(69.) See Fig. 2, infra Part IV.B.

(70.) See S.C. Res 715, UN Doc S/RES/715 (Oct. 11, 1991). These lines of authority were strengthened and clarified in Resolution 715 in October 1991 when UNSCOM was named as a "subsidiary organ of the Security Council."

(71.) See Lipson, supra note 16, at 11. The original Executive Chairman of UNSCOM was Rolf Ekeus, a Swede who served from 1991 to 1996. Ekeus was followed by Richard Butler, an Australian diplomat who served from 1997 until UNSCOM ceased its operations in January 1999.

(72.) See Cortell & Peterson, supra note 55, at 255-80, for a discussion of how staffing rules within IOs affect the independence of different IO agents. As Krasno & Sutterlin, supra note 67, at 25, explain, "UNSCOM was structured in such a way as to preclude any possibility of General Assembly involvement, even in its financing." This contract was designed to ensure that UNSCOM staff would be insulated from any demands other than those issued by an authorized supermajority coalition on the UN Security Council (all five permanent members plus at least four elected members). For a similar argument about how principals at time T1 design contracts to insulate their agents from political meddling by others at time T2, see David E. Lewis, The Adverse Consequences of the Politics of Agency Design for Presidential Management in the United States, 34 BRIT. J. POL. SCI. 377, 395-402 (2004); Nielson & Tierney, Delegation to International Organizations, supra note 9.

(73.) As one UN official explained in November 1998, "You can never have 100 percent proof of disarmament ... so at some point technical exercise gives way to political judgment.... At some point it becomes impossible to prove the negative." Barton Gellman, U.N. Team Downcast About Iraq Mission; Inspectors Note Eroded Authority, WASH. POST, Nov. 22, 1998, at A01.

(74.) See, e.g., Amin Saikal, Iraq, UNSCOM and the US: A UN Debacle?, 53 AUSTL. J. INT'L AFF. 283, 287 (1999); Ritter, supra note 62, at 143-44. See also an official rebuke in a letter from Kofi Anan to the President of the Security Council, S.C. Res 1172, UN Doc S/1998/1172 (Dec. 18, 1998). Ironically, this example of one member of the UN Security Council's using clandestine means to infiltrate a UN body and perform intelligence operations not authorized by the UN Security Council reveals the limit of any approach that focuses exclusively on formal lines of authority. Of course, once this activity was revealed, the collective principal fired the agent and created an entirely new one (UNMOVIC) with checks and balances designed to prevent this type of agency slack.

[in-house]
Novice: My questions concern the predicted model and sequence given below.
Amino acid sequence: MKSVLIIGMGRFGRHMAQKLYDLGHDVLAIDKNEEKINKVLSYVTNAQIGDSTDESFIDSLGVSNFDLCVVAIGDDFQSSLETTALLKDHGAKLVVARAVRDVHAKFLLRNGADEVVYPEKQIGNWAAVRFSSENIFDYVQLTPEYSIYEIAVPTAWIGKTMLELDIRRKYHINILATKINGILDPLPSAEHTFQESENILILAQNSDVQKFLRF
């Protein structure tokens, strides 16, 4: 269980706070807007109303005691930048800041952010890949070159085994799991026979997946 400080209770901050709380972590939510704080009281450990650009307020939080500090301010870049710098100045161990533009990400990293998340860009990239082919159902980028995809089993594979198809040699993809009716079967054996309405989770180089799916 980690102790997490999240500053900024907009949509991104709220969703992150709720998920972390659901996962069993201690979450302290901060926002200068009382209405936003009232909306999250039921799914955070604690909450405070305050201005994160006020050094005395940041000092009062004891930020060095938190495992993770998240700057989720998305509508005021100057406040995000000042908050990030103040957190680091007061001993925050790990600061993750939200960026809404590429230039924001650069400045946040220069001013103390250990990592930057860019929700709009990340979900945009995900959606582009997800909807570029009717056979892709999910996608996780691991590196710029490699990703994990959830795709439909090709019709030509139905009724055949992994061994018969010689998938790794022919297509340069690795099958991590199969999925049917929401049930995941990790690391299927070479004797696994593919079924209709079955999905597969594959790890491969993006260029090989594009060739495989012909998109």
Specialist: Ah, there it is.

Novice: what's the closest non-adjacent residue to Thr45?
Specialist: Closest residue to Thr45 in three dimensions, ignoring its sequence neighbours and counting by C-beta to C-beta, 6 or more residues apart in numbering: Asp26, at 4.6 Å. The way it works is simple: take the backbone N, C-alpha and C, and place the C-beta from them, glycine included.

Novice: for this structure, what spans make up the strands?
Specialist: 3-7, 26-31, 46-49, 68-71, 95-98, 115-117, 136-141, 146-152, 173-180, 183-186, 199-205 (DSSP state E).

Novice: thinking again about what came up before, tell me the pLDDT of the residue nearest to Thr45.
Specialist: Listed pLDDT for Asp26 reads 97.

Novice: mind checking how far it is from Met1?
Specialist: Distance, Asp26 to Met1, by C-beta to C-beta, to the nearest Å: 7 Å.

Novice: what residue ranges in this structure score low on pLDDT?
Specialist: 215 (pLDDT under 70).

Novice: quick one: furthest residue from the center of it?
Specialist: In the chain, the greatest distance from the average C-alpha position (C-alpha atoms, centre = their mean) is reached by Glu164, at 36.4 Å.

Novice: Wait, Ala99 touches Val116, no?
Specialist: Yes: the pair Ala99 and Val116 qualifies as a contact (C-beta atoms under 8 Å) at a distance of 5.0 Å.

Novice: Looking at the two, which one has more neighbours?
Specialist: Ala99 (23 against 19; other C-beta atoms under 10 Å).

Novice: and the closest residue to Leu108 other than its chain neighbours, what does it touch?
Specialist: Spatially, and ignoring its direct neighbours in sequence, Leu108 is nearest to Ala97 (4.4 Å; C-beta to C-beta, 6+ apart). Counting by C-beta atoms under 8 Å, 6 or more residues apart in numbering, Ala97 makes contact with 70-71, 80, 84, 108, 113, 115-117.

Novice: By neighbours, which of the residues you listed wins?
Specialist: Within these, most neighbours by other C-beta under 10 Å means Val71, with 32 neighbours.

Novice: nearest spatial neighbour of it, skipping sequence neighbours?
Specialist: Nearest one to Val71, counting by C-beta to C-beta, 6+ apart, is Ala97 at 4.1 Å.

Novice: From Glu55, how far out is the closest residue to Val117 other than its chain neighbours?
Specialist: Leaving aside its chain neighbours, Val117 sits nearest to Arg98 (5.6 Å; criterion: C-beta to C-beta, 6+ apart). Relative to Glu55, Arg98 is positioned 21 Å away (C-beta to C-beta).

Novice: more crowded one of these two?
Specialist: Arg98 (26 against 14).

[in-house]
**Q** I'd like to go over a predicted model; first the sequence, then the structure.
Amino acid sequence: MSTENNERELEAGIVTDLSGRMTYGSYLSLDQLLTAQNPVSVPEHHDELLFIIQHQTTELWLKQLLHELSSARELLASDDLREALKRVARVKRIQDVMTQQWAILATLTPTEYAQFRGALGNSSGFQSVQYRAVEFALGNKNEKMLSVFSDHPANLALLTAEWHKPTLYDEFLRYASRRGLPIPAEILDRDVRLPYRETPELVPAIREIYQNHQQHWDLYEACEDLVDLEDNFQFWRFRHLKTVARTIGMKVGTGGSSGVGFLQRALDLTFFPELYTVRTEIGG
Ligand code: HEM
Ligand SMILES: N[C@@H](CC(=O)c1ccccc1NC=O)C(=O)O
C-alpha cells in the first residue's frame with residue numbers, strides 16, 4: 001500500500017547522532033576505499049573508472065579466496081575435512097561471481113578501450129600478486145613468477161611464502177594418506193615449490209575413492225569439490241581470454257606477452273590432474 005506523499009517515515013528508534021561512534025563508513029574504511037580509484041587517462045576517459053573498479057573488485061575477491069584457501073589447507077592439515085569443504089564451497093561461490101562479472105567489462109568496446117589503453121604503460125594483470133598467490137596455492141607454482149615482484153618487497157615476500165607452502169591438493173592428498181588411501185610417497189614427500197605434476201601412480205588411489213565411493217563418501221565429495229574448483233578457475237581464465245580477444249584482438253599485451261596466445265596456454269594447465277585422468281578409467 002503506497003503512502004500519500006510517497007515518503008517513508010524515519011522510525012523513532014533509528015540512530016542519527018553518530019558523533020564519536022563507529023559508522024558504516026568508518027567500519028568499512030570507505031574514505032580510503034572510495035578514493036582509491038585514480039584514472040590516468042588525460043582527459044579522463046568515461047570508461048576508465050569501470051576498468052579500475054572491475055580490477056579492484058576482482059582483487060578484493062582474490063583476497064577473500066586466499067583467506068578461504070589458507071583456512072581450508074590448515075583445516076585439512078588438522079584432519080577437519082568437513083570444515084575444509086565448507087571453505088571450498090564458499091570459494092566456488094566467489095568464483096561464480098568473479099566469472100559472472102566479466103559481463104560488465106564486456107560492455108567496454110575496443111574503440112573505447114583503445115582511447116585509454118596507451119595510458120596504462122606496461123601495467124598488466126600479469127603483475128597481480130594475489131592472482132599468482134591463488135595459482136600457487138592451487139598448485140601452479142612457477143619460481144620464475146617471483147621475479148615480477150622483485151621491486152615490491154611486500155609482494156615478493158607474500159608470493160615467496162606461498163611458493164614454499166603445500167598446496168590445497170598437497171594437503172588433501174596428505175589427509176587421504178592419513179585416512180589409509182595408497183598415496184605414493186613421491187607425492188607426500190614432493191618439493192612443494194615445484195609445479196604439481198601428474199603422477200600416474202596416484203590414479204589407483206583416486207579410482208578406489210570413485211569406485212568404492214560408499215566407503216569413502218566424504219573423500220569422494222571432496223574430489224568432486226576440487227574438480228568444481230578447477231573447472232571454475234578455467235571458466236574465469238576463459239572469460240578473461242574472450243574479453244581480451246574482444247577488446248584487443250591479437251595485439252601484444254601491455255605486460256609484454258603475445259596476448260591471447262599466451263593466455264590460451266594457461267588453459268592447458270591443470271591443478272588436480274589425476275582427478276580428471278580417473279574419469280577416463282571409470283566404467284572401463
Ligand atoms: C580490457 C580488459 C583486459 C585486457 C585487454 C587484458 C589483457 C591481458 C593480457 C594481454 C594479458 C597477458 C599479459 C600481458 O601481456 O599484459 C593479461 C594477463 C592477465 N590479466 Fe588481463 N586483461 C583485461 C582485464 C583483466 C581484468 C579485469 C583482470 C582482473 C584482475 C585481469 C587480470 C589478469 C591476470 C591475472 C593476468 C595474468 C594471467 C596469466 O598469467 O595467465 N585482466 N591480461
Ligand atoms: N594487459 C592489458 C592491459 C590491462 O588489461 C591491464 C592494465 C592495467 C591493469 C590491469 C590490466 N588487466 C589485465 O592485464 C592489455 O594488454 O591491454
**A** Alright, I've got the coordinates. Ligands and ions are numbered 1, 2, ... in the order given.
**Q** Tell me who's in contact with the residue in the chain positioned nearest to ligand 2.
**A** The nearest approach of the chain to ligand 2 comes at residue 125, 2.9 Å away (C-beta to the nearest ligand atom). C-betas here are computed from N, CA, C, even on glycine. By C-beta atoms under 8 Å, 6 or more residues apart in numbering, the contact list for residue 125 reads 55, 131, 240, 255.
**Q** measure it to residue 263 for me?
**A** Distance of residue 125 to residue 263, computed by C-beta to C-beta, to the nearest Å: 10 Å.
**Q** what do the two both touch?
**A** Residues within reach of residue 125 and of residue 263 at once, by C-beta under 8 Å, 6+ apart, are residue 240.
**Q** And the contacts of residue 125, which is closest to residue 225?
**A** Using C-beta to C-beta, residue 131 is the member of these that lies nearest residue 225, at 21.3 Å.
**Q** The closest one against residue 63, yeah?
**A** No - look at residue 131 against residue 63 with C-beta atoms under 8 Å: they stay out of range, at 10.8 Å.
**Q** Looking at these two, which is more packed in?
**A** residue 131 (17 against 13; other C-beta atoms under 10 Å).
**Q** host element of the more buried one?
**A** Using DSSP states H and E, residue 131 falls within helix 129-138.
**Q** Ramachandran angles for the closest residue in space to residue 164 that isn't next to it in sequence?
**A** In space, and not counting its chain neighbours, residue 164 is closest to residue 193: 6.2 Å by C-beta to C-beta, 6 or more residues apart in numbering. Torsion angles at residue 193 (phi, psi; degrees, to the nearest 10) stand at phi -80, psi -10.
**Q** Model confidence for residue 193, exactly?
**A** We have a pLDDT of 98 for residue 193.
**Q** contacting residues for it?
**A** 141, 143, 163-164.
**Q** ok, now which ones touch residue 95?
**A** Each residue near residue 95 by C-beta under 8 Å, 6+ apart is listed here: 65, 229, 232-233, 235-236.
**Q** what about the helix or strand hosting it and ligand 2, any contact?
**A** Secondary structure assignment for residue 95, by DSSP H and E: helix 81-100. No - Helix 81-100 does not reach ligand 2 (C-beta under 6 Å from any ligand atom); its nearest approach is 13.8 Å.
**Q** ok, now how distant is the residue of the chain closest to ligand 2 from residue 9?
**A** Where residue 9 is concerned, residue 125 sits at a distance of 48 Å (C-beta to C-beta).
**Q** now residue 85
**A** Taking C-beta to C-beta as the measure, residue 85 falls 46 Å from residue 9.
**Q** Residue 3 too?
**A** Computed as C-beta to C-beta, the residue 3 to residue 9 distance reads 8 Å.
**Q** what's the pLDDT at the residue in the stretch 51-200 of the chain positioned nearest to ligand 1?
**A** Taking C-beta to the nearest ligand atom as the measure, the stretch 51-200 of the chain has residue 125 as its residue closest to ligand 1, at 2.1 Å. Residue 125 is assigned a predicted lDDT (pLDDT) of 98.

(75.) The U.S. government had now confirmed in official policy what Iraq had been claiming for years--that no amount of compliance would convince Washington to vote to lift the sanctions. In late 1998, Secretary of State Madeline Albright suggested that sanctions might continue indefinitely. Later that year, the U.S. Congress passed a resolution calling for regime change in Iraq. Any incentive for cooperation from Saddam Hussein was then gone, and UNSCOM inspectors knew it.

(76.) S/RES/1284, supra note 4.

(77.) Id.

(78.) Malone, supra note 62, at 167.

(79.) Figure 2 is very similar to Bradley & Kelley, supra note 3, at 6, except that Figure 2 has proper nouns inserted in place of the general concepts represented by Bradley and Kelley. Lines with arrows represent delegations of authority. Consistent with Bradley and Kelley's conceptions of international delegation at Stage 1, all individual states that have signed and ratified the UN Charter have conferred on the Security Council the "primary responsibility for the maintenance of peace and security." They also agree that in doing so, the UN Security Council "acts on their behalf." See UN Charter art. 42, supra note 58.

(80.) Supra note 3, at 6.

(81.) As always, nine of fifteen, with the caveat of unanimity among the P5.

(82.) For a detailed comparison and a compelling argument about the role of organizational culture within different IOs, see generally Lipson, supra note 16.

(83.) Robert L. Brown, Non-Proliferation Through Delegation, Ch. 7 (2007) (unpublished Ph.D. Dissertation, Univ. of Cal.-San Diego) (on file with author).